Spring SAVY 2018, Day 2- Unpacking Adaptation (3rd/4th)
Students of Unpacking Adaptation, thank you for another great session! Much like Lucy traveling through the wardrobe, I was astounded by the ground we covered in so seemingly short a time!
We began our day with two variations on the Mutation Game, before revisiting some concepts explored last week. You created visual representations of Aristotle’s six elements of the drama: I never imagined Poetics could be adapted into pictures of skyscrapers and dinosaurs! We then used your newfound tools to unpack and adapt Shel Silverstein’s poem “Ickle Me, Pickle Me, Tickle Me Too.” Your powers of analysis, abstraction, and adaptation are growing!
We read the first chapter of C.S. Lewis’ The Lion, the Witch and the Wardrobe, before turning again to Aristotle for further exploration of the concept of story. You mastered the college-level idea that all plot-based narratives have three parts: Beginning, Middle, and End. We then took things further, exploring Joseph Campbell’s three-part structure (Departure, Initiation, and Return) before turning to Russian Formalism and the concepts of Fabula and Sjuzhet (which then allowed for a brief discussion about why some believe The Magician’s Nephew should be read before The Lion, the Witch and the Wardrobe… leading to an even more brief discussion about why your instructor believes it is import to watch Star Wars: Episode IV – A New Hope before watching Episodes I – III).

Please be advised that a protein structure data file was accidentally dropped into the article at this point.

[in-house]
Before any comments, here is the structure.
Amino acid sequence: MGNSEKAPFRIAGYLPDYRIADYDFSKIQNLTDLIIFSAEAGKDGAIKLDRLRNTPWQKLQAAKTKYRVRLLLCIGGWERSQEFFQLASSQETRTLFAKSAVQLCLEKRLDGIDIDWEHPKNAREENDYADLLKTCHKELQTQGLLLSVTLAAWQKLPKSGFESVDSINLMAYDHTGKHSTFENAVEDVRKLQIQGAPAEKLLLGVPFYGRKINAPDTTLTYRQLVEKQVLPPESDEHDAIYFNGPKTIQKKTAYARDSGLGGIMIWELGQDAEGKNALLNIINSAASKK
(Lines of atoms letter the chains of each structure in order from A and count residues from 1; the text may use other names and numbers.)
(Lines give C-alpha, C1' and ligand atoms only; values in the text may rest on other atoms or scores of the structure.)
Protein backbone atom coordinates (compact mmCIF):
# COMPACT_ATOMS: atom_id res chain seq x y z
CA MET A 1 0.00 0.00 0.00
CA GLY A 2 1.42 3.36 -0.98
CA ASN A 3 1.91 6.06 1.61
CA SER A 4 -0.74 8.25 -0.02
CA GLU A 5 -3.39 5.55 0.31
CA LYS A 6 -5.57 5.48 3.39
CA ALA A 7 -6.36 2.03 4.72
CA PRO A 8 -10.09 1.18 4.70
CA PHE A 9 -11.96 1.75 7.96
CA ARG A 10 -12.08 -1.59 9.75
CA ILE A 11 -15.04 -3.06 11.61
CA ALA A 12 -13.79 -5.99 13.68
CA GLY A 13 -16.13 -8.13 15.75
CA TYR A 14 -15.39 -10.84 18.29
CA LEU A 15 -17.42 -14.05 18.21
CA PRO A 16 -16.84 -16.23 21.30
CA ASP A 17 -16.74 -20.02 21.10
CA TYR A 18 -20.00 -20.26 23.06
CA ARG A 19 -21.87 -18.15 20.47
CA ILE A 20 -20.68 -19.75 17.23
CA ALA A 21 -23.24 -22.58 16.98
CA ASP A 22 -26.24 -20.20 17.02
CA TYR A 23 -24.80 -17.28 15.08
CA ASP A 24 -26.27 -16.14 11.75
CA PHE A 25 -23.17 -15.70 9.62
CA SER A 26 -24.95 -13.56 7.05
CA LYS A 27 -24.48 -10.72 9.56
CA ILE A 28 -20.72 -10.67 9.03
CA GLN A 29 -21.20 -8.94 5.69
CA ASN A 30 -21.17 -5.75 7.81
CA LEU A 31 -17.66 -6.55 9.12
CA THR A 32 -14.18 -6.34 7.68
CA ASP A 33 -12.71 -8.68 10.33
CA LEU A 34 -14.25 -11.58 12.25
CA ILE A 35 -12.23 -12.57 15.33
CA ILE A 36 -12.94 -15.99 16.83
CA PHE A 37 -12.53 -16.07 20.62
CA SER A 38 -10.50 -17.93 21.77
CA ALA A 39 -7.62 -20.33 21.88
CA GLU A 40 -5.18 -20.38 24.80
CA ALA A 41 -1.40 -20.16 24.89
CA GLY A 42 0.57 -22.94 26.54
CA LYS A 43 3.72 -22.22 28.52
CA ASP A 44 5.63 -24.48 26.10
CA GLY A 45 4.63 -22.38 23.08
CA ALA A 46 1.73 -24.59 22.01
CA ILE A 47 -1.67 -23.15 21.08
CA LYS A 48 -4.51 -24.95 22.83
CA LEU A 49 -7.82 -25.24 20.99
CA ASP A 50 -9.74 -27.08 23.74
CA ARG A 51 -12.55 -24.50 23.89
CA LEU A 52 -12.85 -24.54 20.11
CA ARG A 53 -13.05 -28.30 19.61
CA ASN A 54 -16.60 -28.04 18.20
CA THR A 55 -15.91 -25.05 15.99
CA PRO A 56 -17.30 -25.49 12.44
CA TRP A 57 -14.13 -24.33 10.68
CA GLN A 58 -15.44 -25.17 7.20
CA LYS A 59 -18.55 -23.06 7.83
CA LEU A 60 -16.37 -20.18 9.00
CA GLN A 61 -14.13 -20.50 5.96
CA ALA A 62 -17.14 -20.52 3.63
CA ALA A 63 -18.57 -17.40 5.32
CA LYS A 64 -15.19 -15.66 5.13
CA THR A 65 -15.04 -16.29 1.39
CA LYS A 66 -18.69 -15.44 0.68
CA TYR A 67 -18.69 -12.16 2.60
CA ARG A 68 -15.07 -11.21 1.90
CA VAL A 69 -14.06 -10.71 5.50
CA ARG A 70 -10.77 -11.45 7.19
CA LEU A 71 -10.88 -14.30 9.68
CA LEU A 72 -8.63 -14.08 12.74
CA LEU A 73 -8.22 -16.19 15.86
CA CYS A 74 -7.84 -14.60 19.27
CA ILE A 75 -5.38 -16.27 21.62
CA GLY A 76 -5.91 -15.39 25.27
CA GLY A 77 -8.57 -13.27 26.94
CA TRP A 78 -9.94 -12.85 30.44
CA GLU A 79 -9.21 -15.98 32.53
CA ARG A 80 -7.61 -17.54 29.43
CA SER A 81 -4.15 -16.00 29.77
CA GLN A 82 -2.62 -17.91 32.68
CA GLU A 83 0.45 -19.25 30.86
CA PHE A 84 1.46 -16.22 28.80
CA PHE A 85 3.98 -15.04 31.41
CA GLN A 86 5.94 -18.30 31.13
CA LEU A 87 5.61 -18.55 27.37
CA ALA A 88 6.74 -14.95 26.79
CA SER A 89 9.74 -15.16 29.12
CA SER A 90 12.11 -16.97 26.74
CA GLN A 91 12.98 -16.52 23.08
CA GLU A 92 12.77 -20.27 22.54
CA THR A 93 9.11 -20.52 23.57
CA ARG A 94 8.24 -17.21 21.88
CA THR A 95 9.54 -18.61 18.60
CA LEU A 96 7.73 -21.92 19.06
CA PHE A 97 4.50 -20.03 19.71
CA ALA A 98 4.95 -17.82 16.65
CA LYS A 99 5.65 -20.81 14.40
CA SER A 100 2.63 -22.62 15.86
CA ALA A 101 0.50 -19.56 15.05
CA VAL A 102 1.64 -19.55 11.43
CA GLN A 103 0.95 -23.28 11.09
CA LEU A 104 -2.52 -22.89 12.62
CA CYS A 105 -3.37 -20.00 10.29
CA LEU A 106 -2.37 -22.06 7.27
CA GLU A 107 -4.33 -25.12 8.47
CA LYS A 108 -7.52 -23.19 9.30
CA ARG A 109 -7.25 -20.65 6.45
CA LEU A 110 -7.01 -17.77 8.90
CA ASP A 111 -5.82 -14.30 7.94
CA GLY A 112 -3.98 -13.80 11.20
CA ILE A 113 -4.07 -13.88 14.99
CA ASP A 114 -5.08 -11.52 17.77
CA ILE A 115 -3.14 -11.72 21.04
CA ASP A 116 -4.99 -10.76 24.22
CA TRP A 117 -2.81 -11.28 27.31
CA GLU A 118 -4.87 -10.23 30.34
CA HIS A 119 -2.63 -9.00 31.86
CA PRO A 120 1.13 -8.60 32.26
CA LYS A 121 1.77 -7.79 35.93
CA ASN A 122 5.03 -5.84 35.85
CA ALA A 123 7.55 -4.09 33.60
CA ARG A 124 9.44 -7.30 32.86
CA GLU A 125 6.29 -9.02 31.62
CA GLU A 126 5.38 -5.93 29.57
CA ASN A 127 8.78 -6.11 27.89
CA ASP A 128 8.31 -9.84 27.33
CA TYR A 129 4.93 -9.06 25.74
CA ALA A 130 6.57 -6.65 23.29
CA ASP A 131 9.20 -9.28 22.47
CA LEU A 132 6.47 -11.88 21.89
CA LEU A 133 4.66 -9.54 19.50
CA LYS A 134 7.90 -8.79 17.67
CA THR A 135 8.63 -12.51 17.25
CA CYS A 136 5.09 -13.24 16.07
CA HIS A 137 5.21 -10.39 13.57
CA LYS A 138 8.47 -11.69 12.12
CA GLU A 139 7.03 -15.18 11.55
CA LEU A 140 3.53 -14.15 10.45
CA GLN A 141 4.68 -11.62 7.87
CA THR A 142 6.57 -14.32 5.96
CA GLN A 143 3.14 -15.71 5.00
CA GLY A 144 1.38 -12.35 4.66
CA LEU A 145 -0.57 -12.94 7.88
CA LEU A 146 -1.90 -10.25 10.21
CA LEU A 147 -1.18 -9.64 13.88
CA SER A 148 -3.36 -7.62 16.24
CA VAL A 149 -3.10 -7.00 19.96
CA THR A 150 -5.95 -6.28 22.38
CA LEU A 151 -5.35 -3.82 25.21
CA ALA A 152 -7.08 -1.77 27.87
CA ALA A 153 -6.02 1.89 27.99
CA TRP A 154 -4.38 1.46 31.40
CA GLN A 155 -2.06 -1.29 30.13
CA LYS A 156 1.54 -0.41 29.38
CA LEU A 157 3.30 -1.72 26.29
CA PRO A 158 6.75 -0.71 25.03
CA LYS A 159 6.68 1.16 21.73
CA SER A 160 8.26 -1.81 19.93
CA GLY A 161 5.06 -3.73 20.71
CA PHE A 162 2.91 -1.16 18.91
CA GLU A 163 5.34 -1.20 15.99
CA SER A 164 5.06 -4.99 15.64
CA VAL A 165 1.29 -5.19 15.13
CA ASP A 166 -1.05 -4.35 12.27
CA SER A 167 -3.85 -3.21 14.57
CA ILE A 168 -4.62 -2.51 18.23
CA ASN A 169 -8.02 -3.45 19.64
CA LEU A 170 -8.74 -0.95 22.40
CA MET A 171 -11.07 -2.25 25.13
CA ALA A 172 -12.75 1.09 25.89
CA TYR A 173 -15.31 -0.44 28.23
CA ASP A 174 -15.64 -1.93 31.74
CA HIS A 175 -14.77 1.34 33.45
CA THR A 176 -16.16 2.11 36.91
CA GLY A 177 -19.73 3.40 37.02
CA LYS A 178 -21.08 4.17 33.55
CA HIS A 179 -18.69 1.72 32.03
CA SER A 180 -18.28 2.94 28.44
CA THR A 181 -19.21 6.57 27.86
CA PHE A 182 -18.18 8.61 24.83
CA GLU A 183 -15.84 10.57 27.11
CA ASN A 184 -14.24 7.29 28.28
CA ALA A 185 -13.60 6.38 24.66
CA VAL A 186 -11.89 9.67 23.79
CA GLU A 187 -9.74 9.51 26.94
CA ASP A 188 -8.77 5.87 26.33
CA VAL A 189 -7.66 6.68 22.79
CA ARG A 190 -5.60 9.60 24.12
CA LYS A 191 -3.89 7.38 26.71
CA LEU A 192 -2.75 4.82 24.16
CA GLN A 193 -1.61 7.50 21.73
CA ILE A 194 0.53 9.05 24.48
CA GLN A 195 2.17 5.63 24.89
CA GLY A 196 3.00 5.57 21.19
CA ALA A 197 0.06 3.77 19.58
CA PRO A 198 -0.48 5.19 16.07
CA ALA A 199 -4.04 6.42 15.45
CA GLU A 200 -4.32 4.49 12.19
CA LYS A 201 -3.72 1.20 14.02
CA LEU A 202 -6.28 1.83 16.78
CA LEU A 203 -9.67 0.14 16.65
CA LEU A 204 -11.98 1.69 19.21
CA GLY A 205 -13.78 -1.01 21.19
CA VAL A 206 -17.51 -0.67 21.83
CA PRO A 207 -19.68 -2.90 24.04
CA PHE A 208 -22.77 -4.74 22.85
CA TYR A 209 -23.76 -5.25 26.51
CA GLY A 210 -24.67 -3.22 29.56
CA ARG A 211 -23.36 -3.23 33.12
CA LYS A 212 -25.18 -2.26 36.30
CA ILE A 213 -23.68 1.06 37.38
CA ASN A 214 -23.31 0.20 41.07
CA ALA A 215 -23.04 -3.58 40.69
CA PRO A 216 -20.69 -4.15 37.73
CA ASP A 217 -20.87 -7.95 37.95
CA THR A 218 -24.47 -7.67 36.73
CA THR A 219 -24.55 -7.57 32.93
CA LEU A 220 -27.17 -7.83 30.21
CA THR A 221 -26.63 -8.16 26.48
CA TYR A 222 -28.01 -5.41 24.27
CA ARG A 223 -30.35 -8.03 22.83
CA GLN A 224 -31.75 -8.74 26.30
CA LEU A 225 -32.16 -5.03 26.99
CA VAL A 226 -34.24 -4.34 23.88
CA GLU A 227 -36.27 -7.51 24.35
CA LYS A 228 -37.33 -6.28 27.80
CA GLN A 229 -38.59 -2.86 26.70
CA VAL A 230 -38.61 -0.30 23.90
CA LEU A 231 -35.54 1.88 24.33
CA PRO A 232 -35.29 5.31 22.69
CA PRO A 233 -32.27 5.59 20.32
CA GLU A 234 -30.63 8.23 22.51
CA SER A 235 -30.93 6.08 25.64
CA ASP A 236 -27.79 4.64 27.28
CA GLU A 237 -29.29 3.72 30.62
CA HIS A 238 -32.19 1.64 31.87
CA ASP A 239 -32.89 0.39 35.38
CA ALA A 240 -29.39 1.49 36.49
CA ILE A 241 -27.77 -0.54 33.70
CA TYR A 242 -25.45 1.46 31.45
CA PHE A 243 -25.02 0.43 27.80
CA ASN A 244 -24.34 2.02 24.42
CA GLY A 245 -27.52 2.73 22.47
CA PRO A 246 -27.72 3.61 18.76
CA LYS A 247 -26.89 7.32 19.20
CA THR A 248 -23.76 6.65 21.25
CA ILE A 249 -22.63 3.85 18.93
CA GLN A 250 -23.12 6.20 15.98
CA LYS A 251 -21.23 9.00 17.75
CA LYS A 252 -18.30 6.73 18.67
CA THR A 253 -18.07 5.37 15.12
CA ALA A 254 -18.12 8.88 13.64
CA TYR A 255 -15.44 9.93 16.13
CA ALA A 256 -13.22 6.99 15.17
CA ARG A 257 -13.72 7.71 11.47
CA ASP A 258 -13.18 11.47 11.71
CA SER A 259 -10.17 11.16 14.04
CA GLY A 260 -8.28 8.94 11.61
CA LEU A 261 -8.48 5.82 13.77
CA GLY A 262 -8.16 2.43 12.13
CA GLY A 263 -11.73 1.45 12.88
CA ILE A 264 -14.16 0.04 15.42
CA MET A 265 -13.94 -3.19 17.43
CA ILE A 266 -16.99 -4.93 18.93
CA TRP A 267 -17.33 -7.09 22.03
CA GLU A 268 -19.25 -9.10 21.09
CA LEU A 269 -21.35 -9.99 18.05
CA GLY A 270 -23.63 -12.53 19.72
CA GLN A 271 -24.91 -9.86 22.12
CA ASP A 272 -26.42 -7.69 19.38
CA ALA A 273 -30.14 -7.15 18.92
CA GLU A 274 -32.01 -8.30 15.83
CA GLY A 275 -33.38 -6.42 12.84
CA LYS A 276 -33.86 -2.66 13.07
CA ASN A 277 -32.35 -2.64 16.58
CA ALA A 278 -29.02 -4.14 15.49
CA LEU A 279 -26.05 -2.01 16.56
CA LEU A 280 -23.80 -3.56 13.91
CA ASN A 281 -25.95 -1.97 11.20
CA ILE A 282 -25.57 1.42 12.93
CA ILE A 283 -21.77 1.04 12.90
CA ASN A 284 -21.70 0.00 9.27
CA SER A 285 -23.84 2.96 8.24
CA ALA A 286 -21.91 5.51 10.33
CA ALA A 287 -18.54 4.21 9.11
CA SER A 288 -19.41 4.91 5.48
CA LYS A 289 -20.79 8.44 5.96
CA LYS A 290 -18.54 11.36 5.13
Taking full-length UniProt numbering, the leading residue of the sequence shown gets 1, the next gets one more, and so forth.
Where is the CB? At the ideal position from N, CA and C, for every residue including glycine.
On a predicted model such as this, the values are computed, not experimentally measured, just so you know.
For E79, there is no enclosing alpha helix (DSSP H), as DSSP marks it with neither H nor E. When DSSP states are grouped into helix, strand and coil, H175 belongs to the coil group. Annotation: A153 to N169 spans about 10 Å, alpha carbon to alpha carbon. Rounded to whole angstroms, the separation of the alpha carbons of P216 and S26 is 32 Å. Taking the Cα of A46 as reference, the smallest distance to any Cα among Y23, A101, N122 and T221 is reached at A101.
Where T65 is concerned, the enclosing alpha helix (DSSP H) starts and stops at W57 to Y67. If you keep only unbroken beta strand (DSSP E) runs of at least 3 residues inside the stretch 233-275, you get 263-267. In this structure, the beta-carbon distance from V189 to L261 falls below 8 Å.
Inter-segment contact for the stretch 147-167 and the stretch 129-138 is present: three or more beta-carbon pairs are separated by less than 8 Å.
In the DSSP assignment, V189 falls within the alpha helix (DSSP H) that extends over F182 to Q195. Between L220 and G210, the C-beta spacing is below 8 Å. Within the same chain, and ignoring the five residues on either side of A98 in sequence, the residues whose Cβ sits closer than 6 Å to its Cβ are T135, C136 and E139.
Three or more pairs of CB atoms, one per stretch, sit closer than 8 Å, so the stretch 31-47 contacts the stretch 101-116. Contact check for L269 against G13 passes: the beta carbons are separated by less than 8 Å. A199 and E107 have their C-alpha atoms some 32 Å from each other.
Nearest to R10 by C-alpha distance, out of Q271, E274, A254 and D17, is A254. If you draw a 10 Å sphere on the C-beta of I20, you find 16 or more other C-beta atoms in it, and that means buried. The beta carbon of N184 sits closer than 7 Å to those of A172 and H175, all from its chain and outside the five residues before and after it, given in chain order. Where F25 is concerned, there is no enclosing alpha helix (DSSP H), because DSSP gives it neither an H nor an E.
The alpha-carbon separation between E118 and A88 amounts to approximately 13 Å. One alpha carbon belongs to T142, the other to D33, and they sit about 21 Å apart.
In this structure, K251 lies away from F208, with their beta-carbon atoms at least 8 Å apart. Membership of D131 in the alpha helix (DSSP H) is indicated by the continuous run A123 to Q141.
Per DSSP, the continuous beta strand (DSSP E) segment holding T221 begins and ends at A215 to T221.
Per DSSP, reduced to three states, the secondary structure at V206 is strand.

After reading half of the second chapter of Lewis’ text — and having been introduced to the Peversie children, Mr. Tumnus, and the fantastical world of Narnia — you imagined and constructed representations of the story’s Departure, Initiation, and Return thus far. We’re building a wonderful visual dictionary of your interpretations of this book. I’m excited to see where your imaginings take you.
Along the way, we added a plethora of terms to our word bank: We talked of nymphs and dryads, about what it is to be melancholy and what it means to be esoteric. You’ve quite the love of language and words, my friends (as we theatremakers must, what with Diction being so important to the Aristotelian form).
Thanks again for a great session. Enjoy your week. I look forward to seeing you next Saturday!